Conference Programme

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X-03: Oxide Semiconductors
Tuesday, 20/Jun/2017:
10:30am - 12:00pm

Session Chair: Rajendra Singh, Indian Institute of Technology Delhi
Session Chair: Izabella Grzegory, Institute of High Pressure Physics PAS Unipress
Location: Rm 324

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10:30am - 11:00am

Application of Gallium Oxide for High-Power Electronics

Masataka HIGASHIWAKI1, Man Hoi WONG1, Keita KONISHI1, Kohei SASAKI2, Ken GOTO2,3, Hisashi MURAKAMI3, Yoshinao KUMAGAI3, Akito KURAMATA2, Shigenobu YAMAKOSHI2

1National Institute of Information and Communications Technology, Japan; 2Tamura Corporation, Japan; 3Department of Applied Chemistry, Tokyo University of Agriculture and Technology, Japan

Wide bandgap oxide semiconductor material - gallium oxide (Ga2O3) - has emerged as a new candidate for next-generation power devices by virtue of the excellent material properties and the relative ease of mass wafer production. In this talk, following a short introduction of material properties and features of Ga2O3, an overview of our recent development progress in device processing and characterization of Ga2O3 field-effect transistors (FETs) and Schottky barrier diodes (FP-SBDs) will be reported.

Depletion-mode Ga2O3 metal-oxide-semiconductor FETs (MOSFETs) were fabricated with Si-ion-implanted Ga2O3 layers on semi-insulating Fe-doped Ga2O3 (010) substrates. SiO2-passivated MOSFETs with a gate-connected field plate (FP) demonstrated a high off-state breakdown voltage (Vbr) of 755 V, a large drain current on/off ratio of over nine orders of magnitude at room temperature, DC-RF dispersion-free output characteristics, and stable high temperature operation up to 300°C.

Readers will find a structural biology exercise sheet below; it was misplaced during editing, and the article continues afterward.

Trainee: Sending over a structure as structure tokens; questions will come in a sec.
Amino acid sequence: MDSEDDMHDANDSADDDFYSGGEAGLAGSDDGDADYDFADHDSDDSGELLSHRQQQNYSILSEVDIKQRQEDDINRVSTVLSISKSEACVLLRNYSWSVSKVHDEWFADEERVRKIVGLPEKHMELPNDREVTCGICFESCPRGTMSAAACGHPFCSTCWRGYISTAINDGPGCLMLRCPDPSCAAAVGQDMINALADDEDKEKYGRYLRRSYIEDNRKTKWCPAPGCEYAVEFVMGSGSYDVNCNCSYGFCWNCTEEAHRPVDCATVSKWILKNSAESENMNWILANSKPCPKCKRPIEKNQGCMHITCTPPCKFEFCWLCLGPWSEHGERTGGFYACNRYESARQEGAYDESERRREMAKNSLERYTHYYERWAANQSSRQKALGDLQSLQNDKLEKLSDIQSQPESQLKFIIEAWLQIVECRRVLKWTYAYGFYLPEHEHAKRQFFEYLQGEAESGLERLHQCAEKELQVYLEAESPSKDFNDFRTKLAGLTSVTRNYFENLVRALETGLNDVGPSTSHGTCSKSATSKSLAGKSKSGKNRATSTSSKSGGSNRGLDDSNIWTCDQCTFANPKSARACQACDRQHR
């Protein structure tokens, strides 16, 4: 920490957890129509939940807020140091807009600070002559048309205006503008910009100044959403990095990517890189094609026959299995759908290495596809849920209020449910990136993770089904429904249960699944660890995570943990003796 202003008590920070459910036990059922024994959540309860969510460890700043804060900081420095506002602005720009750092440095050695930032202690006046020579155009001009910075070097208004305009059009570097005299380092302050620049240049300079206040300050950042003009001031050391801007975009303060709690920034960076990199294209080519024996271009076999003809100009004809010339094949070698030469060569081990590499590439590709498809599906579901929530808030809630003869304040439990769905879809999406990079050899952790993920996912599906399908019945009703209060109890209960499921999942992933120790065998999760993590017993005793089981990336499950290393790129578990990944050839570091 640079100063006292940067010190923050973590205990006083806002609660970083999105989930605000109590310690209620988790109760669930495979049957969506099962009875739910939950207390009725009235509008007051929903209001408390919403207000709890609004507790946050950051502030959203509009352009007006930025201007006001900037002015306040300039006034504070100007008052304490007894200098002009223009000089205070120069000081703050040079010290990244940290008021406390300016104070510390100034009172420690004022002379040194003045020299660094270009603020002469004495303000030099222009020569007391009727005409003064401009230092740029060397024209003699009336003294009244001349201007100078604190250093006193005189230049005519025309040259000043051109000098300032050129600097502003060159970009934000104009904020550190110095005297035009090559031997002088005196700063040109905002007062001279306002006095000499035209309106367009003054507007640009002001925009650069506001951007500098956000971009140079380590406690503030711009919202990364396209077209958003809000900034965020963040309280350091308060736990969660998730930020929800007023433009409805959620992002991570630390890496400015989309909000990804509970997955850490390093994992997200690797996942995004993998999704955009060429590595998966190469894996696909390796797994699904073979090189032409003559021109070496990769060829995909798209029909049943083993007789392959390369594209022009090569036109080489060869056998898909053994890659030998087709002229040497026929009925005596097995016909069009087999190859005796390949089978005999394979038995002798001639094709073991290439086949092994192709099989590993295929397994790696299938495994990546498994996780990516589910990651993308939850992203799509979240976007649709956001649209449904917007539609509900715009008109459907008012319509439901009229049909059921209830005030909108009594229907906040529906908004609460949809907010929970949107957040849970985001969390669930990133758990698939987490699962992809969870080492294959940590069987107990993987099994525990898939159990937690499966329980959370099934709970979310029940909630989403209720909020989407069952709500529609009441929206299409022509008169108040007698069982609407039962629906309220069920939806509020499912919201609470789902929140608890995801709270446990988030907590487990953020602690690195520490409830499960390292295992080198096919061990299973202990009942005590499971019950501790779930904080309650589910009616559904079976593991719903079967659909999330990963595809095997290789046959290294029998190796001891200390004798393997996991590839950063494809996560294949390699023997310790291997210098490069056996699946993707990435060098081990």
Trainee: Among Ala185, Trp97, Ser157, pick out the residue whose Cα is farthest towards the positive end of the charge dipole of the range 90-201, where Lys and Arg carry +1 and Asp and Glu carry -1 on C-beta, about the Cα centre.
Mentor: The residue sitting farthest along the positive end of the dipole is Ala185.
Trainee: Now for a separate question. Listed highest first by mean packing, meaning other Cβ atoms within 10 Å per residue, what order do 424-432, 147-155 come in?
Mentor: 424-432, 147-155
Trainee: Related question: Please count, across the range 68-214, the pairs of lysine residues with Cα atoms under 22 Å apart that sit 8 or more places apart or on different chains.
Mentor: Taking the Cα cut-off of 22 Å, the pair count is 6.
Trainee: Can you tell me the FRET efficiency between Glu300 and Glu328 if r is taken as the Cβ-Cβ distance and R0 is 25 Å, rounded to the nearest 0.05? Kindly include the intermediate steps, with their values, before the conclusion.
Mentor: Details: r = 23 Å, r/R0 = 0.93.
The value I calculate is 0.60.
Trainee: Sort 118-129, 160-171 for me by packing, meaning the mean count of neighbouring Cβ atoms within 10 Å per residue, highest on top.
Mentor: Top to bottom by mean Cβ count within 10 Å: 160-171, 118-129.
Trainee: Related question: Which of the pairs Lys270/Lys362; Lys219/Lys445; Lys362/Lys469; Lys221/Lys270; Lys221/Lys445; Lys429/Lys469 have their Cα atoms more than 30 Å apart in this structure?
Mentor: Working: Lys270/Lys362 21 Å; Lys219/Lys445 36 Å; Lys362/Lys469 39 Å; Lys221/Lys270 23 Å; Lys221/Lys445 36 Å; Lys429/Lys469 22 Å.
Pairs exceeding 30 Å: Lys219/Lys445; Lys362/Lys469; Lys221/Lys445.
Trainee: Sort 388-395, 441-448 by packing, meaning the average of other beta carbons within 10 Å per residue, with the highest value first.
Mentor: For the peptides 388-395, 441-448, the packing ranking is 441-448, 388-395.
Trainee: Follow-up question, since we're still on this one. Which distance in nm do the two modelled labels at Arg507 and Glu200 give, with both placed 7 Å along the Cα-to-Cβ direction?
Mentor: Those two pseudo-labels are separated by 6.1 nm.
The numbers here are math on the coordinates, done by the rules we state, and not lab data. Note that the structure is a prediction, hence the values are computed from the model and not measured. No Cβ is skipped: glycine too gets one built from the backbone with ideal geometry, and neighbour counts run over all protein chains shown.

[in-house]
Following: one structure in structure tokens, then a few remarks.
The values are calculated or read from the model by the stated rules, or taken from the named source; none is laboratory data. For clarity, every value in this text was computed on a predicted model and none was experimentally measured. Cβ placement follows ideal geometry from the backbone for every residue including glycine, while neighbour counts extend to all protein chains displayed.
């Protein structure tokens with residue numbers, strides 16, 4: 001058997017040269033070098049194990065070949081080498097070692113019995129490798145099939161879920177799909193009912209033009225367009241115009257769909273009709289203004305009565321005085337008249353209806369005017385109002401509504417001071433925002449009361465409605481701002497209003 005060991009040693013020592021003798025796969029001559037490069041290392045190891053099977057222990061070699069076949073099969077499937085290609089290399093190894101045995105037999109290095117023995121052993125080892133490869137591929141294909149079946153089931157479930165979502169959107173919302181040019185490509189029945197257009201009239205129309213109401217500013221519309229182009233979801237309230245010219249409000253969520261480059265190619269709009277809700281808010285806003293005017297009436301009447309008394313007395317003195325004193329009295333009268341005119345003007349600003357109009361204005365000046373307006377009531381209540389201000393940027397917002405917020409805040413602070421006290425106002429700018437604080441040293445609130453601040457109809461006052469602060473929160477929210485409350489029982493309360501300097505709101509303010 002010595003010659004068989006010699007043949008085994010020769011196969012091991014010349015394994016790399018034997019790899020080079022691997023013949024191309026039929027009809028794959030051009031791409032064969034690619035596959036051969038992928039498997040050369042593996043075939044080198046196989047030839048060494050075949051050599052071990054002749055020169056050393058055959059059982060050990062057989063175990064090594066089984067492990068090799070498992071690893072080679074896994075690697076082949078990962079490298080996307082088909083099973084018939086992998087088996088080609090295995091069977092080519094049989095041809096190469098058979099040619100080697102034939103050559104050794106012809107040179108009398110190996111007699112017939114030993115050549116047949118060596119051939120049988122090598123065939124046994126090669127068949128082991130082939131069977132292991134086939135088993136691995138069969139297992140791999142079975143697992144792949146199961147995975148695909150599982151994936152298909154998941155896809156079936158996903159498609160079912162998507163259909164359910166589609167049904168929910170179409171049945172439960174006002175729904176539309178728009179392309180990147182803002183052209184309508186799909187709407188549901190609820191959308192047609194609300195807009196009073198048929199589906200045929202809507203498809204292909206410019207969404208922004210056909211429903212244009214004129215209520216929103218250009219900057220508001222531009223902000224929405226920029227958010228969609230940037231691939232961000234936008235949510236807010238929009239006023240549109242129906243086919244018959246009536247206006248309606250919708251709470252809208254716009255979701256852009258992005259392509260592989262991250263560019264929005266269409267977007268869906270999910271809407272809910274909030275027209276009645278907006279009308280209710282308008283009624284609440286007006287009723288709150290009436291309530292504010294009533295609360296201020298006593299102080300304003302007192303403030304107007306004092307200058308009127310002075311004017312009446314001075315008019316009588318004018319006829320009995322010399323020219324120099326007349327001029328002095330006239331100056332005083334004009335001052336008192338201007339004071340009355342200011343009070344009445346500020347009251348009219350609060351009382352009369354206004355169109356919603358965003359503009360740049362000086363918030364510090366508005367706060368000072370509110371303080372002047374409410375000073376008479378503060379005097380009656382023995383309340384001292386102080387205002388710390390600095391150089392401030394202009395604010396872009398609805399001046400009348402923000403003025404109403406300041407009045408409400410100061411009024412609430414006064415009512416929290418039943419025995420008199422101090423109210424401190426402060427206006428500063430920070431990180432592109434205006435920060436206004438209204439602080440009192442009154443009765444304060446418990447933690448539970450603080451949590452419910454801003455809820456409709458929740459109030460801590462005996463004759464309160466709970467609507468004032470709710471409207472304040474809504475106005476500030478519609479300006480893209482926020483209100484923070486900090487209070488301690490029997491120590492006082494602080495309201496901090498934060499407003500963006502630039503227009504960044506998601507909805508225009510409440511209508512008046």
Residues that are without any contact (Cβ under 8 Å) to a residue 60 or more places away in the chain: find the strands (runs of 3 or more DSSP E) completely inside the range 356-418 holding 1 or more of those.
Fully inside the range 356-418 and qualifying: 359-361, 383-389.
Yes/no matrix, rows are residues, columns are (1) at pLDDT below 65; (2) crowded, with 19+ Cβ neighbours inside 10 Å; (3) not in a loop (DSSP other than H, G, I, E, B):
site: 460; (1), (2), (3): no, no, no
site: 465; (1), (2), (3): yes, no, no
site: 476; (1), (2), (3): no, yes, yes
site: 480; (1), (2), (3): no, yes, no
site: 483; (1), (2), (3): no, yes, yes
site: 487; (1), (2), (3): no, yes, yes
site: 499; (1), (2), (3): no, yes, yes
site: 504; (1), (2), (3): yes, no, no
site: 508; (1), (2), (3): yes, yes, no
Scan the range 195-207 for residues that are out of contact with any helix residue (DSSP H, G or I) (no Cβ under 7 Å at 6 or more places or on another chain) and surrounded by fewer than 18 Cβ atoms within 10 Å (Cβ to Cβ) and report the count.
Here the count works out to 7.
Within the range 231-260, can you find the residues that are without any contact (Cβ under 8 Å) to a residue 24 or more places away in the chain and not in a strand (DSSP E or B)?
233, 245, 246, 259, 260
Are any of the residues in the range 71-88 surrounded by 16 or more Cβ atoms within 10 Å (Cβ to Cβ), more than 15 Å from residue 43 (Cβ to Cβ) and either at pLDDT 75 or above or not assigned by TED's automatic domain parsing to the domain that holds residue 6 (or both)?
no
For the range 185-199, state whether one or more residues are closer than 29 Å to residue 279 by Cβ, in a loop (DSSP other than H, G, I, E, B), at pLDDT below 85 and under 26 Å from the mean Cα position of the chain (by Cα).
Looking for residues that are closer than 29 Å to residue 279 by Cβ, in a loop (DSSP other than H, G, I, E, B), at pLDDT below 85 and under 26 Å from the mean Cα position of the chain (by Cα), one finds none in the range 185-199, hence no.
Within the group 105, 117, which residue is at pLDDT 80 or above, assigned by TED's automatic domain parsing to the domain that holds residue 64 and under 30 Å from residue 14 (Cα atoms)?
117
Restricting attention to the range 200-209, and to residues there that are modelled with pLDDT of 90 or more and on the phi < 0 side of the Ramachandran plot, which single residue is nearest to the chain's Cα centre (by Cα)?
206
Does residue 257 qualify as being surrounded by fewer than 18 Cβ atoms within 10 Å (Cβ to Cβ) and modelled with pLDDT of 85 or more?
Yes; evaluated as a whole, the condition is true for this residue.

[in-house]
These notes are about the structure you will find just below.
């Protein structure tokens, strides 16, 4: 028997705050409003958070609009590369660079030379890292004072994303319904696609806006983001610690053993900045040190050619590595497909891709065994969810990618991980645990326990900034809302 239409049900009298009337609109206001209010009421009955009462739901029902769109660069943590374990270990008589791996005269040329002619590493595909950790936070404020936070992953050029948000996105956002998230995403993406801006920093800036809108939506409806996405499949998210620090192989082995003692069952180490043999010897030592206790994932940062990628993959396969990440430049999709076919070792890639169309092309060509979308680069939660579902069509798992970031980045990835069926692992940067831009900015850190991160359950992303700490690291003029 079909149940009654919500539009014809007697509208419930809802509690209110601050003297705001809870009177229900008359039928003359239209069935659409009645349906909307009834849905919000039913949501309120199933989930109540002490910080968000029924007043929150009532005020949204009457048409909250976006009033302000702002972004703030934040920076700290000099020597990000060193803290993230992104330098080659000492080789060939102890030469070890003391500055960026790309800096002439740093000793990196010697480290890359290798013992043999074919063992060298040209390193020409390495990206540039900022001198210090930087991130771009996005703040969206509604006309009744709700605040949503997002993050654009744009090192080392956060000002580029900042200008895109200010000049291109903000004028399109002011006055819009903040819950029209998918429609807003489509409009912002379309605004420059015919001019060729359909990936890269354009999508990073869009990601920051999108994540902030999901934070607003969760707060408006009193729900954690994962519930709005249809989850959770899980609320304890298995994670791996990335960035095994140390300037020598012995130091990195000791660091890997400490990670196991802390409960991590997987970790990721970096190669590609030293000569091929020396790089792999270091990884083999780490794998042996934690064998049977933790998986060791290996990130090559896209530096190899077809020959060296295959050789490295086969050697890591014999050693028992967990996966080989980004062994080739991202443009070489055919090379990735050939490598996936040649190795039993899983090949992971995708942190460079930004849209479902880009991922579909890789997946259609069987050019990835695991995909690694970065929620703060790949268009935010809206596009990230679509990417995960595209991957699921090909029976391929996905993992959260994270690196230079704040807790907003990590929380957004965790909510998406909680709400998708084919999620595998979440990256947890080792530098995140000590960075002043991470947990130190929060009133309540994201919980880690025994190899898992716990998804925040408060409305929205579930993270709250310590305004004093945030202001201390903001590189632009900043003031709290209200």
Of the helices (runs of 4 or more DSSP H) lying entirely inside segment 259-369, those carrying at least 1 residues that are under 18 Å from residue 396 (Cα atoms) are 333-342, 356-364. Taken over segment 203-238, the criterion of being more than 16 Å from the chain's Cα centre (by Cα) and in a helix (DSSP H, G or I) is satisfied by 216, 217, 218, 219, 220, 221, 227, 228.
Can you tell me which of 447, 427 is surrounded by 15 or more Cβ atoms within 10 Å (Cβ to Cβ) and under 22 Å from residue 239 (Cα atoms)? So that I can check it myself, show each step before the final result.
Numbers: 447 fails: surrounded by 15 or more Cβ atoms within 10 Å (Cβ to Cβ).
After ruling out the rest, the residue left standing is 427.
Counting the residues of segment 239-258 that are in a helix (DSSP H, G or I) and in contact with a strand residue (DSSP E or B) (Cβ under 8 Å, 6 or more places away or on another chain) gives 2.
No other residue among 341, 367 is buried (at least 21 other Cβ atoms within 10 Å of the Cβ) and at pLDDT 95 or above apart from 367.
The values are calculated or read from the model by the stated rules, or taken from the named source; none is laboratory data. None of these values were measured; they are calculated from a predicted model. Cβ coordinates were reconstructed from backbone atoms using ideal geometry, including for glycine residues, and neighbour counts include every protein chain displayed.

We also fabricated Pt/Ga2O3 FP-SBDs on n--Ga2O3 drift layers grown by halide vapor phase epitaxy on n+-Ga2O3 (001) substrates. The illustrative device with a net donor concentration of 1.8×1016 cm-3 exhibited a specific on-resistance of 5.1 mΩ·cm2 and an ideality factor of 1.05 at room temperature. Successful FP engineering resulted in a high Vbr of 1076 V. Note that this was the first demonstration of Vbr of over 1 kV in any Ga2O3 power devices.

In summary, we succeeded in fabricating Ga2O3 FP-MOSFETs and FP-SBDs on single-crystal β-Ga2O3 substrates. Despite the simple structures, both devices revealed excellent characteristics and demonstrated great potential of Ga2O3 electron devices for power electronics applications.

This work was partially supported by Council for Science, Technology and Innovation (CSTI), Cross-ministerial Strategic Innovation Promotion Program (SIP), “Next-generation power electronics” (funding agency: NEDO).

11:00am - 11:30am

Single Crystal Gallium Oxide Substrates and LED Application